Why Amadeus East Africa Is Driven By Innovation

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Many companies equate invention with innovation but the truth is, you do not always need an invention for innovation to thrive. Innovation happens in our day-to-day lives, which means looking at devices, business routines, technologies, commercial practices and relationships with a different angle.

The innovation process is one that waits for no-one, which is why Amadeus East Africa is connecting the dots between innovation and market conditions, creating unexpected opportunities, in order to make a tangible behavioural impact on the travel experience, showing a real added value or delivering “something new”.

The business has built an enviable position in the travel industry thanks to an unerring commitment to delivering solutions that are relevant to local market conditions and demands.

“The East African market is a very exciting space to be in because of the strong adoption of the latest technologies that have leap-frogged many other markets,” says Juan Torres, General Manager of Amadeus East Africa. “This technology-focused approach in the industry reflects the broader acceptance of new technologies, specifically in the mobile field, that we witness in society generally.”

“The rapid rise of mobile payments is but one example of how such technologies are opening up new opportunities for us, and our customers.” As shown in the research report conducted by Amadeus in 2013, A Digital Savannah, it is clear that in Africa the primary screen is that of the mobile phone. This means over 80% of people use mobile payments.

Torres views mobile as a vast frontier that will deliver even greater innovation in the travel industry that may well extend beyond the traditional services travel agents and their customers are accustomed to.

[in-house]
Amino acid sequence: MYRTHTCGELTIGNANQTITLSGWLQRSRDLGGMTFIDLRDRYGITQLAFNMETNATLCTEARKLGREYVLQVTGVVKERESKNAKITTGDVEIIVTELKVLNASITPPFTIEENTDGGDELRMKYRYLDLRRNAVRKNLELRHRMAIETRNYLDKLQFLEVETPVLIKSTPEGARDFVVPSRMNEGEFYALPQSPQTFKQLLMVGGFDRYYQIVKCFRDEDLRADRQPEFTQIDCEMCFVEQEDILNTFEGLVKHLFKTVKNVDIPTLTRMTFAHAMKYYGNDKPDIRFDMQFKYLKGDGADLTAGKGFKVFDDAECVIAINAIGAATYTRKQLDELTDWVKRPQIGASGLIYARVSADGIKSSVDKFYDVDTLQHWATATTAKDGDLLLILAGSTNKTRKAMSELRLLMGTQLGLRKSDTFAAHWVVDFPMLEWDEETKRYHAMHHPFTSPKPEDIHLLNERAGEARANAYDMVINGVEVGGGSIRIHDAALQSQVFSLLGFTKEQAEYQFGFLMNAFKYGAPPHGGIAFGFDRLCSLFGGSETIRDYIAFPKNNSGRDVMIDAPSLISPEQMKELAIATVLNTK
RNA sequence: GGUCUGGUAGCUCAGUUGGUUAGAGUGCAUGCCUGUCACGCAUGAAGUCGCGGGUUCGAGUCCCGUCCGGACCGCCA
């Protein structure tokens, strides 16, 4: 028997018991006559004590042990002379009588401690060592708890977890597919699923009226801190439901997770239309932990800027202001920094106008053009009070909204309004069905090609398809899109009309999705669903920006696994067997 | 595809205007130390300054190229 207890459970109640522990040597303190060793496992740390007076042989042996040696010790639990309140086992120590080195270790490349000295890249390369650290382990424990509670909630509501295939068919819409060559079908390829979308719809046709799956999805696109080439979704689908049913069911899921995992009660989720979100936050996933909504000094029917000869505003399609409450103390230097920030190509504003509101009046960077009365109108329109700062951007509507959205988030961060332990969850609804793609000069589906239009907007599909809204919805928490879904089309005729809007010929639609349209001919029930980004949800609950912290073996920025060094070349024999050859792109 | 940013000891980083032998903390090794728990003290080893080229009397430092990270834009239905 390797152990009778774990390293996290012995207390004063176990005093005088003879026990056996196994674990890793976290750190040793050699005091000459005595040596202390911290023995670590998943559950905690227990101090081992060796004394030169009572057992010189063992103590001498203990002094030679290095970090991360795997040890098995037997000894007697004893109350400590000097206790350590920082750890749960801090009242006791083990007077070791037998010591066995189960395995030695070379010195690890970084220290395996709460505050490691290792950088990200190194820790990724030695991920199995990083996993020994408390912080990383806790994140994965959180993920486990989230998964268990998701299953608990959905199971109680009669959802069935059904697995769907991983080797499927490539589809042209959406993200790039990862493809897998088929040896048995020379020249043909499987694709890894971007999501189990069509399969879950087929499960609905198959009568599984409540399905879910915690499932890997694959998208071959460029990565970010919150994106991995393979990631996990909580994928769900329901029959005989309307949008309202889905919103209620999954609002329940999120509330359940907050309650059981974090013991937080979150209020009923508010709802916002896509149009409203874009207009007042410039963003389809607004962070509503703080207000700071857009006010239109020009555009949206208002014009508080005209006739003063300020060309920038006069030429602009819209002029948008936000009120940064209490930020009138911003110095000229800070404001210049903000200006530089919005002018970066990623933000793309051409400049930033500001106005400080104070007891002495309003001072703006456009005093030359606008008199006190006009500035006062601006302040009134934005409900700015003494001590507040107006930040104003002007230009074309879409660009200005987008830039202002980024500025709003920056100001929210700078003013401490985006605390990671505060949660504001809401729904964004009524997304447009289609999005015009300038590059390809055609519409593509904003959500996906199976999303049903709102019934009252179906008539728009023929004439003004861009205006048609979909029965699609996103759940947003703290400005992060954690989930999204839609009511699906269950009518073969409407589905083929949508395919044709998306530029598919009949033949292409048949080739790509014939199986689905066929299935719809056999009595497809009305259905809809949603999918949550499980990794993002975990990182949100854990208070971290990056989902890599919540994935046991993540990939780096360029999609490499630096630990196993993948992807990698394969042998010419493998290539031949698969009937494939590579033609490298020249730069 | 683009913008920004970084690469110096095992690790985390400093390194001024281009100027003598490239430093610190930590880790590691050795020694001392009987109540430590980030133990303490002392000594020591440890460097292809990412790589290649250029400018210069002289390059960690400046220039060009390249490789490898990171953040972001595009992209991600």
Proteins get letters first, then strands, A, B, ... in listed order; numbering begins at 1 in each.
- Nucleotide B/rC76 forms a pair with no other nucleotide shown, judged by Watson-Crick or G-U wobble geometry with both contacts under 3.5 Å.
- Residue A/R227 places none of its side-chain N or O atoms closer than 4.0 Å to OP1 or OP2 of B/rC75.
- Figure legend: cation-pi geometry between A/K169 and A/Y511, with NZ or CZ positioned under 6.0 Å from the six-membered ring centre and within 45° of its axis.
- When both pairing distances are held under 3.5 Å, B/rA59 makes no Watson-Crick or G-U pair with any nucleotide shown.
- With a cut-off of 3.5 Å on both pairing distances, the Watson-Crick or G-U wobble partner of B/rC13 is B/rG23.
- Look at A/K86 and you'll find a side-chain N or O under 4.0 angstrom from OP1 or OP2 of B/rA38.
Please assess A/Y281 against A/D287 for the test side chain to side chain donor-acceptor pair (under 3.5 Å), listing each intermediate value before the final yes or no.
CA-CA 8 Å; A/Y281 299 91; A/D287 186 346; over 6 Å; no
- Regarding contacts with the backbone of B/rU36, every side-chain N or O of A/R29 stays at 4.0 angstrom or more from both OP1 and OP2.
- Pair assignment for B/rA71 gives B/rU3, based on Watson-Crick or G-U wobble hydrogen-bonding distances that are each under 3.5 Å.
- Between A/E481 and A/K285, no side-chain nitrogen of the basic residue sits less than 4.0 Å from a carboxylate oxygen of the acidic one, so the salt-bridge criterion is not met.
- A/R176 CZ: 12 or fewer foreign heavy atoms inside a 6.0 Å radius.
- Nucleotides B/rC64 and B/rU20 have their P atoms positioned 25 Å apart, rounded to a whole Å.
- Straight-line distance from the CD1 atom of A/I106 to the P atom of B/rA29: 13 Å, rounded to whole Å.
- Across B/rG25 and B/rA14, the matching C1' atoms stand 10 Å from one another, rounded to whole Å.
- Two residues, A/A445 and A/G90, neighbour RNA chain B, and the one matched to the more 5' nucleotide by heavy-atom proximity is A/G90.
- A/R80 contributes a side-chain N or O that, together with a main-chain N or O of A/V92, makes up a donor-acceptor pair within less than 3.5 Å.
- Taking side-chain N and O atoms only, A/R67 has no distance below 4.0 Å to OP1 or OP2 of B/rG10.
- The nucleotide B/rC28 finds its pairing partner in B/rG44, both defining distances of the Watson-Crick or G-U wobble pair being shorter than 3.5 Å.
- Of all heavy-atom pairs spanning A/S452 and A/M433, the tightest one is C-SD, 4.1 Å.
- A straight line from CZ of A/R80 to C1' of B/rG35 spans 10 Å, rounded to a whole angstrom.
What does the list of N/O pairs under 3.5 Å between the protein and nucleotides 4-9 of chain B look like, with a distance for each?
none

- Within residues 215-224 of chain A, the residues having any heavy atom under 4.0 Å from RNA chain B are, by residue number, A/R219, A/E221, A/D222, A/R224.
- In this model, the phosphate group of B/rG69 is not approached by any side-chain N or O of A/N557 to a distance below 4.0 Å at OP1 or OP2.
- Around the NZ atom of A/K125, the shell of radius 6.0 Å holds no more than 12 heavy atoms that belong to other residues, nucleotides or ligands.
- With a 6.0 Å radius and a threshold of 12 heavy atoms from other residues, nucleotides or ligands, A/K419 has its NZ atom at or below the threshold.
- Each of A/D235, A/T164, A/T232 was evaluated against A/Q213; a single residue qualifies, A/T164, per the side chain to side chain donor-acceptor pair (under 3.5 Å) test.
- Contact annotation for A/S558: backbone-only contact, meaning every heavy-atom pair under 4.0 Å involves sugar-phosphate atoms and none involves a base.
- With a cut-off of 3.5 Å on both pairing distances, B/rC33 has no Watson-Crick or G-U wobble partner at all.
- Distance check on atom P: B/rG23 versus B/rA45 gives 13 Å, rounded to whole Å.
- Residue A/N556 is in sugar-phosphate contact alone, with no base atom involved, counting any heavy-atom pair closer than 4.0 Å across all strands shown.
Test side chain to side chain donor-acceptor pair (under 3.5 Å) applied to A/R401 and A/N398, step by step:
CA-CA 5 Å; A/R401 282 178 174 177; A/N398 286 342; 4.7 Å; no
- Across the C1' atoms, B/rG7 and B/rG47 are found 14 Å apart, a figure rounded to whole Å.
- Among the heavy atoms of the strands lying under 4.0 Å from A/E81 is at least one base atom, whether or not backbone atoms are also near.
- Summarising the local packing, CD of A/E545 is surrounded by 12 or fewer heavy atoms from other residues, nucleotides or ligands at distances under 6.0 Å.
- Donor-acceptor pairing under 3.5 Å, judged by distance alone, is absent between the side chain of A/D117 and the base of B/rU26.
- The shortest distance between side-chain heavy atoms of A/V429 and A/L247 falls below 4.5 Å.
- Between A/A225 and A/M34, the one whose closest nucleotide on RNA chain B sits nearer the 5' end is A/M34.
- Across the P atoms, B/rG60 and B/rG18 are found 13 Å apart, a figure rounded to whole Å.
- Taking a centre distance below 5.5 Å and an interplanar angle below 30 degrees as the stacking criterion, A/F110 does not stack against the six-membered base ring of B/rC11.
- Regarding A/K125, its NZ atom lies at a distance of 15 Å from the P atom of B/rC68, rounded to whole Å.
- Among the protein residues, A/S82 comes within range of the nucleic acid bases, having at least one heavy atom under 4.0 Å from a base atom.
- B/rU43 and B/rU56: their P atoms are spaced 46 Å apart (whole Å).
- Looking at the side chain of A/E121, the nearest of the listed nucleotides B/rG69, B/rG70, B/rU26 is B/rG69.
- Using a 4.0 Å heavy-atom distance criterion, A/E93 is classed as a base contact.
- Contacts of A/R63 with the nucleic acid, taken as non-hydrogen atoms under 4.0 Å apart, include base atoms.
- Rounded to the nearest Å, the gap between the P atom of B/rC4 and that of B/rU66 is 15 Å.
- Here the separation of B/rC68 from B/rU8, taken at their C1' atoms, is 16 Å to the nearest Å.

The adoption of mobile payments already places the region ahead of more mature markets in Europe that may enjoy the benefits of greater Internet penetration, but that lags in mobile payment systems. “The advancements we have seen in the mobile arena will undoubtedly lead to the introduction of a broader range of services. There is no shortage of demand for the immediacy and ease of use the mobile platform can deliver,” says Torres.

A less-explored area in which he sees tremendous opportunity is in big data. This term is bandied about in developed markets as the next big thing, although the understanding of the term or opportunity is not yet fully grasped.

“The travel industry generates a lot of information that can and should be harnessed to help improve their operations and services,” says Torres. “Drawing on the intelligence within this information, in my opinion, is the next big opportunity and we are working to help our customers tap into that.”

This opportunity lies in being able to easily analyse the habits and preferences of travellers so that services, routes and markets can be adapted and customised to more closely meet local demands.

Torres admits that the market still requires some education around big data and business intelligence, but that this knowledge gap will be filled once the benefits become apparent. He is also a firm believer that innovation happens because of organisations and the way we work with people.

This is a mantra that he applies to the Amadeus East Africa operations and that has led to many of the innovations in the region. For example, the Amadeus Transhotel system has been adapted to suit the needs of the local industry rather than simply taking this global solution and foisting it on the market.

“In a similar fashion, we expect to deliver exciting new mobile solutions that draw on the strong adoption of this technology throughout the region. In doing so, our customers will be able to better meet the needs of their customers.”

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